The NCAA is in the process of reforming its rules for athletes who transfer—and the mere suggestion of changes that could make it easier for football and basketball players to leave one school and play immediately for another was enough to stir things up.
"How can you plan a roster or a team when every player is a free agent at the end of the season?" Alabama football coach Nick Saban said last week.
There is much work to be done and any drastic changes to transfer rules across all NCAA sports are likely a few years away at least. But change is coming, and guiding principals have already been established by the university presidents that make up the NCAA board of directors.
One thing is clear: New transfer rules will be rooted in academics, according to a statement released last week by the Division I Council group working on the topic.
Students with better grades could face fewer restrictions if they want to transfer, and schools may end up with less control over where athletes go.
Athletes who have graduated could still transfer with immediate eligibility, but the so-called free agent market could be chilled by other steps, such as a different way of counting grad transfers toward a team's academic performance.
"We put a survey out about a week ago which really was to gain some feedback from every area of the membership that could help us understand the different perspectives," said South Dakota State athletic director Justin Sell, who is heading the council's transfer working group. "Are we headed down the right path? Are these some things that can really enhance the student's experience? And hopefully at the end of the day create positive stories of graduation when a kid transfers."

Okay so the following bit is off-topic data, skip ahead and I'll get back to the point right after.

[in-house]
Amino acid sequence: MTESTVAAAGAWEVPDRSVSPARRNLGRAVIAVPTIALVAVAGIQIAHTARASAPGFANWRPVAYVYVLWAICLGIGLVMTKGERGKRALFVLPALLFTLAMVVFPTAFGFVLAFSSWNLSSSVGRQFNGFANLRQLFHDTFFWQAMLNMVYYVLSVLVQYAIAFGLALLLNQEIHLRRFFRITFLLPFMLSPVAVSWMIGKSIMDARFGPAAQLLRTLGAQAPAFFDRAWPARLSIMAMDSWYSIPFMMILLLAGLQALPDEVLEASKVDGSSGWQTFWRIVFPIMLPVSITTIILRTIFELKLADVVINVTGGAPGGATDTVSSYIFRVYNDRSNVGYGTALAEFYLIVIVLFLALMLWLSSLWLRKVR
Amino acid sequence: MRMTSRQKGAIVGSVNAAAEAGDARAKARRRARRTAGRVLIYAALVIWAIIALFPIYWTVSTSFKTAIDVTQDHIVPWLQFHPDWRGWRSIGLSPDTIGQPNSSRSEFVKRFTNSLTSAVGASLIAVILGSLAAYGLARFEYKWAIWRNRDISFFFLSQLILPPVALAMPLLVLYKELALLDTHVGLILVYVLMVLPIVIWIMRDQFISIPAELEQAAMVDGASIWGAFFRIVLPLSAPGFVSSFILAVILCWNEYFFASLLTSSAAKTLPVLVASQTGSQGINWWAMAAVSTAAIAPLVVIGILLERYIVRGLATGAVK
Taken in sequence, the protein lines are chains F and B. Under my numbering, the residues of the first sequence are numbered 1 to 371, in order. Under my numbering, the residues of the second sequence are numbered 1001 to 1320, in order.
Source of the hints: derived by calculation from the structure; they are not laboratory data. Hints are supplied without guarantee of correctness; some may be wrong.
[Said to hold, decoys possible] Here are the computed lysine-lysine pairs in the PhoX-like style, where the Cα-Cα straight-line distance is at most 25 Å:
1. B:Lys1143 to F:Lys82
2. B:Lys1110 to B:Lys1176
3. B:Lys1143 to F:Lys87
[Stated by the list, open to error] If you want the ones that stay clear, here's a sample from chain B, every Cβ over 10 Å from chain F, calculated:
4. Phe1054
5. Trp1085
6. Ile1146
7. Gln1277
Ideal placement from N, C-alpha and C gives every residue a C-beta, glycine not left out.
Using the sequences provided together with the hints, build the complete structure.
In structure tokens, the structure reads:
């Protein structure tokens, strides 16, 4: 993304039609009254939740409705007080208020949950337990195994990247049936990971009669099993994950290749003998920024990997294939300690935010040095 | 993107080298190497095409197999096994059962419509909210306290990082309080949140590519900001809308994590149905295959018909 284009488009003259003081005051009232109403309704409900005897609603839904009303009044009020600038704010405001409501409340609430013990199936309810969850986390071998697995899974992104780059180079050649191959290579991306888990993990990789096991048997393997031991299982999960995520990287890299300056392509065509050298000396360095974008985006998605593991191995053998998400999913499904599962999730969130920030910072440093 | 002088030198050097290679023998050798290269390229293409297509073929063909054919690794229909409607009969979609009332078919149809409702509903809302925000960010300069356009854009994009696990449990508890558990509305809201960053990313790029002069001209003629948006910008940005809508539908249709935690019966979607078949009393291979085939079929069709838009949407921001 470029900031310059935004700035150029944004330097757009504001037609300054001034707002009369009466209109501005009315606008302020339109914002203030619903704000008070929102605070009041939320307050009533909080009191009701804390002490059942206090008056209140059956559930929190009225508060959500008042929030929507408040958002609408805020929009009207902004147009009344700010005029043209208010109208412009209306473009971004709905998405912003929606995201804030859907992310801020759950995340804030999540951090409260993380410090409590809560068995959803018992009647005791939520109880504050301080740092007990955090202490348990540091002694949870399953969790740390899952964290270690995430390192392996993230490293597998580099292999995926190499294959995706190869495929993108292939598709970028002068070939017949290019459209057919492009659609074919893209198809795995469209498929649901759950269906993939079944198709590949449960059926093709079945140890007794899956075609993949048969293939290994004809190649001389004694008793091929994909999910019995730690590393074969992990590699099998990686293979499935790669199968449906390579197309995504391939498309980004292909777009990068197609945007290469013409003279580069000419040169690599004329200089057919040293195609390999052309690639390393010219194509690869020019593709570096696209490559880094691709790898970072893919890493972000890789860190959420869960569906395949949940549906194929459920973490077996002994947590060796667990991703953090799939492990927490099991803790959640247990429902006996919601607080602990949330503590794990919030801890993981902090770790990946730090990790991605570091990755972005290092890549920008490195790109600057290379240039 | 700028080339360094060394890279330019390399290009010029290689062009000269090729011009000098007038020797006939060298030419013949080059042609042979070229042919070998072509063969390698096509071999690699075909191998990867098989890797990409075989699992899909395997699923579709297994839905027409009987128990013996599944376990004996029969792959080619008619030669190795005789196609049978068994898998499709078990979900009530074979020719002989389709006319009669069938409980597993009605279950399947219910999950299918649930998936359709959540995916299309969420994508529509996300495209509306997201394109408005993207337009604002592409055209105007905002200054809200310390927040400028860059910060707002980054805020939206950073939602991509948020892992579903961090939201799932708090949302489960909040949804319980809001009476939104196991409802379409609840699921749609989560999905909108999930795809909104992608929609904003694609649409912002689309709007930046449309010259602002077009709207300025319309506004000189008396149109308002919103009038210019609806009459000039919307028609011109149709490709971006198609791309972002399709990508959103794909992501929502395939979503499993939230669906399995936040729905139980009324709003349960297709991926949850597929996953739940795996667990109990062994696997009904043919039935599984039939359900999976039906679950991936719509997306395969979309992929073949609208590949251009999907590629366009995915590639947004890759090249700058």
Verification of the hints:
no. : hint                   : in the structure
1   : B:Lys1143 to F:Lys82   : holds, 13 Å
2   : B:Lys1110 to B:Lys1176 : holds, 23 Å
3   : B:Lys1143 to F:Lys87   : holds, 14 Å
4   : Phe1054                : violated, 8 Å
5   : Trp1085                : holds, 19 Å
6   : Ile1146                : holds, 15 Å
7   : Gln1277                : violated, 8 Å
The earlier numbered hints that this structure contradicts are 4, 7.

Transfer rules have been a nagging issue for the NCAA for years. There are 16 pages of Division I transfer rules in the NCAA manual. Rules vary in lower divisions and even within D-I there are differences from sport to sport. Notably, in most sports—but not in football, men's and women's basketball, baseball or hockey—athletes can use a one-time exemption that allows them to transfer from one school to another without having to sit out a season the way they do in the revenue sports. Conferences also have their own restrictions. Waivers overriding various restrictions are often granted to athletes.
The current rules give coaches the ability to prevent an athlete from receiving an athletic scholarship from another school, essentially blocking a move to a desired school or preventing a transfer altogether. Conflicts between amateur athletes and millionaire coaches about transfers are almost always a loss for the NCAA in the court of public opinion. Inconsistency is the norm.
Research shows athletes who transfer are less likely to graduate and more likely to become ineligible, and men's basketball transfers have reached epidemic levels in the eyes of many coaches. The NCAA said 90 percent of those players indicate they leave for athletics reasons.
Hence the emphasis on academics for Sell and his group of administrators, coaches and members of the Student-Athlete Advisory Committee.
The working group is considering no longer requiring athletes to ask their current schools for permission to contact other schools about transferring. Instead, athletes would notify schools of their intention to transfer, potentially eliminating a coach's ability to stand in the way.